The Ultimate Yaesu FT-530 Battery Solution.

If you're a fan of the Yaesu FT-530 like I am you probably already know that they are unbelievable battery hogs. Constantly burning up and rebuilding expensive battery packs for these radios is a royal pain in the ass. I believe I have found a solution to this nightmare. I now have two 12V 2500 mAh packs and one 7.2V 2500 mAh nickle-metalhydride packs with the highest quality cells available, the Sanyo ENELOOP XX Pro. These batteries are the best I have ever used. They claim to hold their 80% charge for TWO YEARS. They also claim these batteries can be cycled 1500 times. Though I haven't tested them myself, many reviews can be found on the internet.

So here is what you'll need.

1. First, a battery case. This can be the FBA-12. Either the 6-cell or the 10-cell case will work. These are readily available on e-bay.

2. Second, you need a suitable charger. The Omin-Pulse Smartcharger, $49.95 is available from several places but I bought mine from Batteries America. The instructions and charging details are available there so I won't bother to reprint the them here.

3. Third, you need the Yaesu FT-530 Bottom Cover. This is how you will interface your battery pack with the charger. This eliminates having to remove the batteries from the packs every time you want to charge them. The Yaesu part number is #R3807220B and it costs a whole $5.78 from Yaesu, and at this time it is IN STOCK.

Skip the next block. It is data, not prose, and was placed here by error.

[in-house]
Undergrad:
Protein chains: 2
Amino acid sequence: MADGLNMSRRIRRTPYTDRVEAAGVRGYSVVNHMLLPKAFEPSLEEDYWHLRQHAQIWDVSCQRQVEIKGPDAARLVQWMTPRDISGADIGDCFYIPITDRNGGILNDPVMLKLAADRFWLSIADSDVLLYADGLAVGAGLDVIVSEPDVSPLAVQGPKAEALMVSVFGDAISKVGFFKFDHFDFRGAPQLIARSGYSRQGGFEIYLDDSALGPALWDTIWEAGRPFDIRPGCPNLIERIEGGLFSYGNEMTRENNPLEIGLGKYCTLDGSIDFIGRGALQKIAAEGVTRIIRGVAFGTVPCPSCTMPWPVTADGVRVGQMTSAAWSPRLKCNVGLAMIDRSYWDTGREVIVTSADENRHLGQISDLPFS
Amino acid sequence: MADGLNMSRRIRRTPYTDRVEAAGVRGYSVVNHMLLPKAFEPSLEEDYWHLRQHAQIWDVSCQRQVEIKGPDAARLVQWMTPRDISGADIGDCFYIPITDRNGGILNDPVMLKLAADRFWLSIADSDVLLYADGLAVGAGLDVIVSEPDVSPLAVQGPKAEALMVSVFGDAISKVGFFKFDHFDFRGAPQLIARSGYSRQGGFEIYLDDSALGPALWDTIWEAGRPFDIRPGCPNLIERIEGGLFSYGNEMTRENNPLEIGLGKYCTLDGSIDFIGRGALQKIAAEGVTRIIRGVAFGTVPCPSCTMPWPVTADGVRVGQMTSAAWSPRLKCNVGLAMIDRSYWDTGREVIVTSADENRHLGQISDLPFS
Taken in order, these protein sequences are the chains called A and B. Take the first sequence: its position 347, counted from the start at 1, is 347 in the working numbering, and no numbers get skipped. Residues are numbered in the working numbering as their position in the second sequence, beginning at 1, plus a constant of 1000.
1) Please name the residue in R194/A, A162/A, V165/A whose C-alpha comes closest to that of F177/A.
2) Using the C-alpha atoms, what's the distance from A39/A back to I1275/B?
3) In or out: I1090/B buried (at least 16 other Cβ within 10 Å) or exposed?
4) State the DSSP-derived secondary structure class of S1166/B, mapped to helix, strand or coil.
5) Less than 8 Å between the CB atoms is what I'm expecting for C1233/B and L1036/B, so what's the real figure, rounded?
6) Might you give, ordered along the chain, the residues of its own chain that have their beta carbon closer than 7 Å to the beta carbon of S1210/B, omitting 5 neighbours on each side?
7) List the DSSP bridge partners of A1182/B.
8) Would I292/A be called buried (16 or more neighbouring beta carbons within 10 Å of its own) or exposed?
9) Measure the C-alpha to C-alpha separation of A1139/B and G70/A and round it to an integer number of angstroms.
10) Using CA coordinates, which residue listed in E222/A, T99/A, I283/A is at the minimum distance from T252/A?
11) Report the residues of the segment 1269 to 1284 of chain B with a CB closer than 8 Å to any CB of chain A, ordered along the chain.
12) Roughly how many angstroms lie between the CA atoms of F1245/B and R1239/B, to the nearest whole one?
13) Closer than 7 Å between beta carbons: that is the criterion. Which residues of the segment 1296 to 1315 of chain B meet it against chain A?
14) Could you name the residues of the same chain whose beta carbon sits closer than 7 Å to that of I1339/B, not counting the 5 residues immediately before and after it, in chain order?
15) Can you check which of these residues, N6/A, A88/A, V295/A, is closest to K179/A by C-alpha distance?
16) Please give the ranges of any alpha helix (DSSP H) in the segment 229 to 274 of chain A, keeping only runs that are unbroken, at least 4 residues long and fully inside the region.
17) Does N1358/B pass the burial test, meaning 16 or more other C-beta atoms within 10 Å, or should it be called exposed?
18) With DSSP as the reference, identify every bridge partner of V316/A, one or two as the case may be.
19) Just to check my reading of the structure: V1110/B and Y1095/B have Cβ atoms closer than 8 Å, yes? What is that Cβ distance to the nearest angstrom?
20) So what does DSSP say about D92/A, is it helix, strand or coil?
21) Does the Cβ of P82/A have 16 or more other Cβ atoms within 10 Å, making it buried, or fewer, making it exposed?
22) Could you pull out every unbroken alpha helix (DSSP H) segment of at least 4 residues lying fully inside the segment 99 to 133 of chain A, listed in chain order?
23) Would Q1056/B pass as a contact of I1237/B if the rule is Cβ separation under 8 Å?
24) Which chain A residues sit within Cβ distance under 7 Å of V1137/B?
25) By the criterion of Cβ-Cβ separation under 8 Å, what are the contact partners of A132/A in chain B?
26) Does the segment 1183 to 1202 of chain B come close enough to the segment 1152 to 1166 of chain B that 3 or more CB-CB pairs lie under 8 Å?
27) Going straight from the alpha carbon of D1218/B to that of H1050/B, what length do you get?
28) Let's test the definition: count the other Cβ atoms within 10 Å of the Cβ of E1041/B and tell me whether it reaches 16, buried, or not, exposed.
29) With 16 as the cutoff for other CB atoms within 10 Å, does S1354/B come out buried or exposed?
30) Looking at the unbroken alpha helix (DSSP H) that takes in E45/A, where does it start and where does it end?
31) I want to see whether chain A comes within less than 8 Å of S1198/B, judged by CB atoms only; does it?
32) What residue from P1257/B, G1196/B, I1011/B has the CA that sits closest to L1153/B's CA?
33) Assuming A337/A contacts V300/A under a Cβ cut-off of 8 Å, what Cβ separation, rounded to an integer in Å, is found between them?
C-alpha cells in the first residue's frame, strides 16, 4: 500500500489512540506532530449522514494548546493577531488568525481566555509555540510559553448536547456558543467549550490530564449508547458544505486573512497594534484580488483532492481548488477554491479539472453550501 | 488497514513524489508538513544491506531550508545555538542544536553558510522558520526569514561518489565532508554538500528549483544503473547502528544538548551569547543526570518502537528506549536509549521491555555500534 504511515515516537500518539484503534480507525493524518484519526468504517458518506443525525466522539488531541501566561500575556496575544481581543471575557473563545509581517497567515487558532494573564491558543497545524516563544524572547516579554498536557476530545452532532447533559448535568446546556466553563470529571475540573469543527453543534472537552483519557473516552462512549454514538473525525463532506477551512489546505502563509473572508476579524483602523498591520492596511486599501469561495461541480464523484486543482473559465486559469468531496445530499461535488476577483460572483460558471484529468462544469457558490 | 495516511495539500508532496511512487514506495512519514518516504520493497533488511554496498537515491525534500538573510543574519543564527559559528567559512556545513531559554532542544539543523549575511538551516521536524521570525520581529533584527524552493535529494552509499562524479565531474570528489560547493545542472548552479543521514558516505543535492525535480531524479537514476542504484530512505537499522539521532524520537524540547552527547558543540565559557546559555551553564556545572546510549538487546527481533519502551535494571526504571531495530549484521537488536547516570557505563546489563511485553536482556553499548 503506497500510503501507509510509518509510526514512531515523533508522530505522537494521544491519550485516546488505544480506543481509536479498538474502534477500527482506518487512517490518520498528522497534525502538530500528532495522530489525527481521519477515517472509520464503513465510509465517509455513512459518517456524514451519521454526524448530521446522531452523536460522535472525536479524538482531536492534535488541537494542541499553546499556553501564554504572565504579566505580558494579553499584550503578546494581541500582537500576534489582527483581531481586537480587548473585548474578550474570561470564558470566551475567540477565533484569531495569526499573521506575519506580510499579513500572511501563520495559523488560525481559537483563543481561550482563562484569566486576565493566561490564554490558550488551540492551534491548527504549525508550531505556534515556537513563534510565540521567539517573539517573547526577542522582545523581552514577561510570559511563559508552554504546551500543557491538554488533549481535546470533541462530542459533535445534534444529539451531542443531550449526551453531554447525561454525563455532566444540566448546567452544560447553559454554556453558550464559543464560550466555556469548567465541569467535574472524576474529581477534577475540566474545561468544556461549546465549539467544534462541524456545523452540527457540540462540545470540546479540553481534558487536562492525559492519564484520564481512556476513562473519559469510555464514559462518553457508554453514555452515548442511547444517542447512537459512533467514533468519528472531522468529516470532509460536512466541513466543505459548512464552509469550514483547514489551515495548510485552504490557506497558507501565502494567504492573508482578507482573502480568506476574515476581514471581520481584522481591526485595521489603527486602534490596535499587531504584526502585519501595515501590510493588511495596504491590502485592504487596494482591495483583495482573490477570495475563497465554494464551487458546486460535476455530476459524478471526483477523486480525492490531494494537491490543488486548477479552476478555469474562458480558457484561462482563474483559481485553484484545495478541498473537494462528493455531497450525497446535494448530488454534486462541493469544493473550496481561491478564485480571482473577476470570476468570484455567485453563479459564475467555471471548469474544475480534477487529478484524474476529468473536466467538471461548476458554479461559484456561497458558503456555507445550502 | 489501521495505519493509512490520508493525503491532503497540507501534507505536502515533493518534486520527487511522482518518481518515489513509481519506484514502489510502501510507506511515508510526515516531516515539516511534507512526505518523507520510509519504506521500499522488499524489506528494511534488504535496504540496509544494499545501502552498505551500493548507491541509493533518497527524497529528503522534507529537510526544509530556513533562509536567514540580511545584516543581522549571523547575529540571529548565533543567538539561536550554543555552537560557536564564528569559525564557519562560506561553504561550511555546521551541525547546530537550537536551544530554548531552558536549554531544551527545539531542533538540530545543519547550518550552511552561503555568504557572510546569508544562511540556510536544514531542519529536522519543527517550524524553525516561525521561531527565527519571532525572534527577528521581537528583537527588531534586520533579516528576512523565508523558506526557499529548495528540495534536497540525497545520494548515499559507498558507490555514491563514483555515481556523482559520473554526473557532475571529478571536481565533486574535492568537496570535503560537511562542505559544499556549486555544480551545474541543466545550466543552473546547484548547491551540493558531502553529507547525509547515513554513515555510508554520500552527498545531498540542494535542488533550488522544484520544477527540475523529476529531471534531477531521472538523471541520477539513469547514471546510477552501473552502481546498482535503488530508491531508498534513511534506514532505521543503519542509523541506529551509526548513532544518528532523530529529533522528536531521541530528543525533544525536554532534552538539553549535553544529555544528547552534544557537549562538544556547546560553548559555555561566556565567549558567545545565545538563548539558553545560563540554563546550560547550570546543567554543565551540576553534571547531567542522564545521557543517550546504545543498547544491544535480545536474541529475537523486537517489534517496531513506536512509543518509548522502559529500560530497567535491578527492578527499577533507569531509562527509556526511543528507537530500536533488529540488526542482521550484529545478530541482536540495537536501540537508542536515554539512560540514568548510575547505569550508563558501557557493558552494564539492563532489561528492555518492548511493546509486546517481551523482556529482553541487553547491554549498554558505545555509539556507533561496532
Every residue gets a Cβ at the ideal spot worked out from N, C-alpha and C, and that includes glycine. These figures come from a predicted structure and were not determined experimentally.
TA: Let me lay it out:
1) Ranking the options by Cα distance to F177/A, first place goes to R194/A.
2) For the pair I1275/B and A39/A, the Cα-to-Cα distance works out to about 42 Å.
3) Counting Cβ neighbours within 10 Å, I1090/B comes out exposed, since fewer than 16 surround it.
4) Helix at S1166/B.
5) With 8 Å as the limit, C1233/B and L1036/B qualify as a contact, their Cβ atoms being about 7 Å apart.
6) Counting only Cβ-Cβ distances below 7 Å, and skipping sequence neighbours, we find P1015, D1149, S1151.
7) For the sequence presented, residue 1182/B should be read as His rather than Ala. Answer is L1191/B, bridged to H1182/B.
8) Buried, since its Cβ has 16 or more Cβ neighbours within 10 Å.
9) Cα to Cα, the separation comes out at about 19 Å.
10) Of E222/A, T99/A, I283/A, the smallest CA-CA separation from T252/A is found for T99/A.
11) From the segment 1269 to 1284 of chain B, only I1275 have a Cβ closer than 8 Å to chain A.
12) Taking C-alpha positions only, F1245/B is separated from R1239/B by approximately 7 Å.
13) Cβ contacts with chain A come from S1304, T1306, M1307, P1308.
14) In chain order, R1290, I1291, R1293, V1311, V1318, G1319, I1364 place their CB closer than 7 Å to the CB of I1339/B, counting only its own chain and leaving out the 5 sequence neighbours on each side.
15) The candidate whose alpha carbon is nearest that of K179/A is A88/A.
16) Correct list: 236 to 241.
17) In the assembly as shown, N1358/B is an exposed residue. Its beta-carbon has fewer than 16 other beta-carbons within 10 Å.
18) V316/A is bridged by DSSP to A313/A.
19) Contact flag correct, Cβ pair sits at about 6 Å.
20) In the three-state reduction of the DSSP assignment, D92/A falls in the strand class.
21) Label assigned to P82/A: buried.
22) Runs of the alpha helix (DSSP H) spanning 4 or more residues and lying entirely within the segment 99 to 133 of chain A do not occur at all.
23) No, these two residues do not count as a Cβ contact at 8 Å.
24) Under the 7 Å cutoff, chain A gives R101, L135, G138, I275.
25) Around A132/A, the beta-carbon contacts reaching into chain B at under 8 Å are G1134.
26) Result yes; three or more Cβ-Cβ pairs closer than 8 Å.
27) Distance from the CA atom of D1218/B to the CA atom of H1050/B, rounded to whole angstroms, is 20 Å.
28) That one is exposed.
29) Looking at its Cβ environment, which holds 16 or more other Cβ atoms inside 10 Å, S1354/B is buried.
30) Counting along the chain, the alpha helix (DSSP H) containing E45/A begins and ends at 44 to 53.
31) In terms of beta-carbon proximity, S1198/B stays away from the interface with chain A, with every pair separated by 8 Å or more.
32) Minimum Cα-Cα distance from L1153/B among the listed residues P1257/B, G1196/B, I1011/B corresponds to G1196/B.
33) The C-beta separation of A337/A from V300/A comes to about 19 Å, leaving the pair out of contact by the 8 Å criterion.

You need to very carefully solder some leads to the base plate without melting the plastic. Pay attention to the polarity. Connect the other end of the leads to the charger.

Load your AA batteries into your case. I highly recommend a few drops of super glue on the case to make sure it doesn't come apart if you drop it. You can always take it apart again if you need to change the cells down the road.

Now, slide the pack on to the base plate just as you would attach it to your radio.

IMPORTANT. Wrap the Velcro thermal resister around the pack before powering up the charger.

Using the adjustment dial, set your charge rate according to the meter. For example, I charge my 2500 mAh packs at 250 mAh to 500 mAh The minimum is 250 (1/10 the capacity for Ni-Mh) and charging at higher rates increases heat. There is no need to "rapid" charge these batteries at 1 amp or higher though if you must, you can do it safely with this charger.

Now you have the best of both worlds. Instead of choosing between a high-voltage or a high capacity pack you can have a high-voltage / high capacity pack of 12V at 2500 mAh! You can buy and experiment with many different kinds of AA batteries and you won't have to rebuild your old. battery packs. Enjoy!


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